Does the word “chores” make your child retreat into their bedroom not to be heard from again till morning? Most of us at CYJ are parents ourselves, so we understand it can be difficult to receive help around the house from your children. Although there are many ways to motivate your child, here are our top 5 favorites! Keep reading and let us know if you have any of your own!
Speak nicely… about your own chores! Let’s be honest, while most of us enjoy a clean and organized house, not many of us actually enjoy the act of cleaning it. Next time you notice yourself saying, “Ugh, what’s with this never-ending pile of laundry” try changing it too, “look at all of these nice clothes we have to wear.” Or if you decide to put off a chore, rather than saying, “I’m too tired to do the dishes, I’ll do them tomorrow,” say, “I’d like to have family time now, so I’m going to set my alarm 15 minutes early to do the dishes in the morning.” Believe it or not, children are always watching and listening and will pick up on your attitude towards chores. If you have a positive attitude towards getting your chores done, odds are your child will reciprocate that mentality.
The best way to start your child off with chores is to start young and start small. Even a toddler can learn to put their own toys away and they may even think of it as a fun game. If your children are past the toddler age, don’t worry, it’s not too late! You can still start small. Ask your child to help bring the dishes from the table to the kitchen daily after dinner. Once your child has that task down without complaining, ask them to start filling just the cups and bowls on the top rack of the dishwasher, then after that becomes easy, ask them to fill the entire dishwasher. When you break down a task over time, it is not so overwhelming and your child is less likely to fight back when it’s time for other chores.
Make A Chart
This one may seem simple. If you’ve been to Pinterest, then you’ve seen thousands of chore charts for all ages, however, we’re going to suggest something a little different. Make a chore chart for all people in your household; children and adults. It’s important for your children to see that it’s not just them doing chores, but also their parents too. You can add chores like grocery shopping, running errands and cooking dinner on your chart. When your child sees how much you do to keep a household going, it’s much more difficult for them to complain about the one or two chores they have each day.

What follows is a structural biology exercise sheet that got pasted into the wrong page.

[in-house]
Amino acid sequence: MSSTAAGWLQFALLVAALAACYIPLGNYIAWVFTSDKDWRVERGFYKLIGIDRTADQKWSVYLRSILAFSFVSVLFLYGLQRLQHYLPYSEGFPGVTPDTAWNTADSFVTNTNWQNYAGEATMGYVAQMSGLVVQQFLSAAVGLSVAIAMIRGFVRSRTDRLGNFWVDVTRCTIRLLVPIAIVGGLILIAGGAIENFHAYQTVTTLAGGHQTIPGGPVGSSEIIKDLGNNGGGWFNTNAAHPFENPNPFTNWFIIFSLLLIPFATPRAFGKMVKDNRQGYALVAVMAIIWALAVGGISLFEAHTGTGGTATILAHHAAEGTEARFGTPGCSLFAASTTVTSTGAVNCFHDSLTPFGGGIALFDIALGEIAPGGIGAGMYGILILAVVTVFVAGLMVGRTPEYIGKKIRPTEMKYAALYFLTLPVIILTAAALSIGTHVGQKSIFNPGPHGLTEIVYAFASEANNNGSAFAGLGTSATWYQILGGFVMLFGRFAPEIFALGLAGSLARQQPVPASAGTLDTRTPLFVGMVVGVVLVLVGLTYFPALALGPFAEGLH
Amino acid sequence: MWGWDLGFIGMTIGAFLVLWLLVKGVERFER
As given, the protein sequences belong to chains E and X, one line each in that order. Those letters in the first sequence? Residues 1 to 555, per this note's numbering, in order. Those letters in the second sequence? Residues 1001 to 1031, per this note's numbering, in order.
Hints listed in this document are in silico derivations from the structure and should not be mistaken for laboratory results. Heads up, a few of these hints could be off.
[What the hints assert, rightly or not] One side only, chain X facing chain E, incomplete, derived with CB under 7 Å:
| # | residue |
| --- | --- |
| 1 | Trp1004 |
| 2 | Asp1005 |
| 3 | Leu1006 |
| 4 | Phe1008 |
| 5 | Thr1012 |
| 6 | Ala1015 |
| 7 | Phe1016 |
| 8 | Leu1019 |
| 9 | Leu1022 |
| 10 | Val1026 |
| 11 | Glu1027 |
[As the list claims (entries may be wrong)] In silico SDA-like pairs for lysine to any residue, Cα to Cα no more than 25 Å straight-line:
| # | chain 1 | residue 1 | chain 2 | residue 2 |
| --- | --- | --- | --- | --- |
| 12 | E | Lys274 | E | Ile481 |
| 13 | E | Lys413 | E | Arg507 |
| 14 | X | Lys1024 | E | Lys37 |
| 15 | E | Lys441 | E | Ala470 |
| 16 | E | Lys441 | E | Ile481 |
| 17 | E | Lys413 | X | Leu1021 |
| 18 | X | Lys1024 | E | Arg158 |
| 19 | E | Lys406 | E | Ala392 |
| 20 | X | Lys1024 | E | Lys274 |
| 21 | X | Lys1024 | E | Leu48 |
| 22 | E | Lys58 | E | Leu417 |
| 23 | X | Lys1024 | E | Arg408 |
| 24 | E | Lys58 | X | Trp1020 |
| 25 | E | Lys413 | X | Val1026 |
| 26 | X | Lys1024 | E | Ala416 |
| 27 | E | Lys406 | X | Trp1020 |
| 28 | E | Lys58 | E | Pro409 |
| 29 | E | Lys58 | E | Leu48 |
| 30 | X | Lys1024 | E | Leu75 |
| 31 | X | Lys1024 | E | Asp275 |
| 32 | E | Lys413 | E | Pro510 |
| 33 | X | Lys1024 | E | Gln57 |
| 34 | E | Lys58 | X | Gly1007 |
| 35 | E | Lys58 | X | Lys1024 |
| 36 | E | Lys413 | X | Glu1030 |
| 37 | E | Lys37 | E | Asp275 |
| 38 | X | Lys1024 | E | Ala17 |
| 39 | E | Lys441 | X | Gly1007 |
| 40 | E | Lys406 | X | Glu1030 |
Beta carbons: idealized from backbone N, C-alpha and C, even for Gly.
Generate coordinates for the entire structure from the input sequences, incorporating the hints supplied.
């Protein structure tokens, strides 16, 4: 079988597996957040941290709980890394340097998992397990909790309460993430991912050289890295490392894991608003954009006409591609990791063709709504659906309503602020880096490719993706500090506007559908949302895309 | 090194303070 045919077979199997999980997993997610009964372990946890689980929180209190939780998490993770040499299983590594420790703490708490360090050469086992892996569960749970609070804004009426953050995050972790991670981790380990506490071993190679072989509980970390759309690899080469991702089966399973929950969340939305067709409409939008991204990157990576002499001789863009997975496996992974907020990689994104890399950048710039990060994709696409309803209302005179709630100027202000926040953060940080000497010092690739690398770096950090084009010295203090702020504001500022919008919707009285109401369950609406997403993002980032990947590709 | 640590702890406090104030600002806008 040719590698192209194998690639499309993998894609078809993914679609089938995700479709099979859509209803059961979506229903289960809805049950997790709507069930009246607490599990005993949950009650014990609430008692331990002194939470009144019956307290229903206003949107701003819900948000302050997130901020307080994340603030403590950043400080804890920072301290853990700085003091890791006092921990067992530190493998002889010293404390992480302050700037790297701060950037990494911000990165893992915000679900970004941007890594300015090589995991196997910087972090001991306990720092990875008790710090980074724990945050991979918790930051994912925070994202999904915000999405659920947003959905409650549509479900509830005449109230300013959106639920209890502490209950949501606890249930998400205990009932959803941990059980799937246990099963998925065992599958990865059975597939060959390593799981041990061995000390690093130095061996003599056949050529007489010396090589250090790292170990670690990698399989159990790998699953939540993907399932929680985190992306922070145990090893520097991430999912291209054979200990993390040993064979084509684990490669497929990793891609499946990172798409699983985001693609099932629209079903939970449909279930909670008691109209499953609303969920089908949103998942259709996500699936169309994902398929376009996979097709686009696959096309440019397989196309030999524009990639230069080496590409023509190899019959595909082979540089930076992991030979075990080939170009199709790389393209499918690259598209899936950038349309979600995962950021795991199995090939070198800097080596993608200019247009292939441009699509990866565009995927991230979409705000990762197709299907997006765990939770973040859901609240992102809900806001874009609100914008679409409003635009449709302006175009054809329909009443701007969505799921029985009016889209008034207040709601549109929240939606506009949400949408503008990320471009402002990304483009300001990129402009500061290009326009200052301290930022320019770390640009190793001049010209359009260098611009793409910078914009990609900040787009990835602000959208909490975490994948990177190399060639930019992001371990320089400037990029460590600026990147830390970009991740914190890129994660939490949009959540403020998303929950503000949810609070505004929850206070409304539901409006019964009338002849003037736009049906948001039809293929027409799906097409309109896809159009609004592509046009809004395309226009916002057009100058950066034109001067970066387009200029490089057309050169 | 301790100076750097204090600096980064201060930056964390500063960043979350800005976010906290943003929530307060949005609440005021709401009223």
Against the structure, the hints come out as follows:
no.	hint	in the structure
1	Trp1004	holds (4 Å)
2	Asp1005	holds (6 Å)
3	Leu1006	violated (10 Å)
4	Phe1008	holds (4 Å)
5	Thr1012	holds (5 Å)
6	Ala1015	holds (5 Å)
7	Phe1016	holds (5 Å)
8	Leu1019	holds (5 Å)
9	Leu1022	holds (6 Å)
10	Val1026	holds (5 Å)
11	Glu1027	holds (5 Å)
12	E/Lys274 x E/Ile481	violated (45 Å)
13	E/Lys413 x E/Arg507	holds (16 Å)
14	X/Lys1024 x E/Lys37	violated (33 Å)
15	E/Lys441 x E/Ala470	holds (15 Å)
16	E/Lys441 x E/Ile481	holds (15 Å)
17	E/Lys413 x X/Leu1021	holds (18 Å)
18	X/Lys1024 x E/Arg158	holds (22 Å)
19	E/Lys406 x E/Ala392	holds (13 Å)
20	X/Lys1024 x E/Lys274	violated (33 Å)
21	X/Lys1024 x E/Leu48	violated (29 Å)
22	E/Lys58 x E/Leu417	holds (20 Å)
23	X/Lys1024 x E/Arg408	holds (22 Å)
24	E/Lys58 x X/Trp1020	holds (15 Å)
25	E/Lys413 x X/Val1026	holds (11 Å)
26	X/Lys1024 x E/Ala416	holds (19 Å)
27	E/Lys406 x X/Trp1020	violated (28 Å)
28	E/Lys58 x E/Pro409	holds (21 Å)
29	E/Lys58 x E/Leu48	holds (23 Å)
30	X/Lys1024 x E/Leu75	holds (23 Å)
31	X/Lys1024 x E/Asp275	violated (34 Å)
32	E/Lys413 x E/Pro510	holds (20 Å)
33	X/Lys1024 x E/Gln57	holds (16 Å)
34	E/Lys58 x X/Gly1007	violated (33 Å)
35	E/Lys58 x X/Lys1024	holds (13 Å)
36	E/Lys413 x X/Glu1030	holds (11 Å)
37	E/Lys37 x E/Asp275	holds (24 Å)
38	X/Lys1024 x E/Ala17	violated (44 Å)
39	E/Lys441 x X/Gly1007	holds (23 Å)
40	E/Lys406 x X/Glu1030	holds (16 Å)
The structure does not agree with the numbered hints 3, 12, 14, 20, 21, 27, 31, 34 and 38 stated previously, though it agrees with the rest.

Once you have your chore chart in place and every child knows what is expected of them, it’s time to go shopping! Now we don’t mean shopping for toys or new clothes. We mean going shopping to let your child pick out the cleaner and cleaning tool they would like to use. Maybe they pick out their favorite scent of dishwasher soap, or a new sponge or broom. Letting your child pick out their cleaning tool will give them a sense of independence, control and ownership in making sure their chore gets done.
Watch The Clock
Last but not least, watch the clock! Most children don’t want to do chores because they think it will take away from their screen time. When you actually watch how much time it takes to do each individual chore, it doesn’t add up to that much. You may even be surprised at how little time each chore takes! This can also be turned into a game. See if your child can try to be more efficient (beat their time) and finish their chore faster (but with the same quality) each time they complete it. The faster they finish their chores, the faster they get to use their phones.
CYJ Fun Fact: At summer camp, we encourage the campers to take part in keeping their bunks and surroundings clean. We like to keep camp fun but are also always working on important life skills with our campers!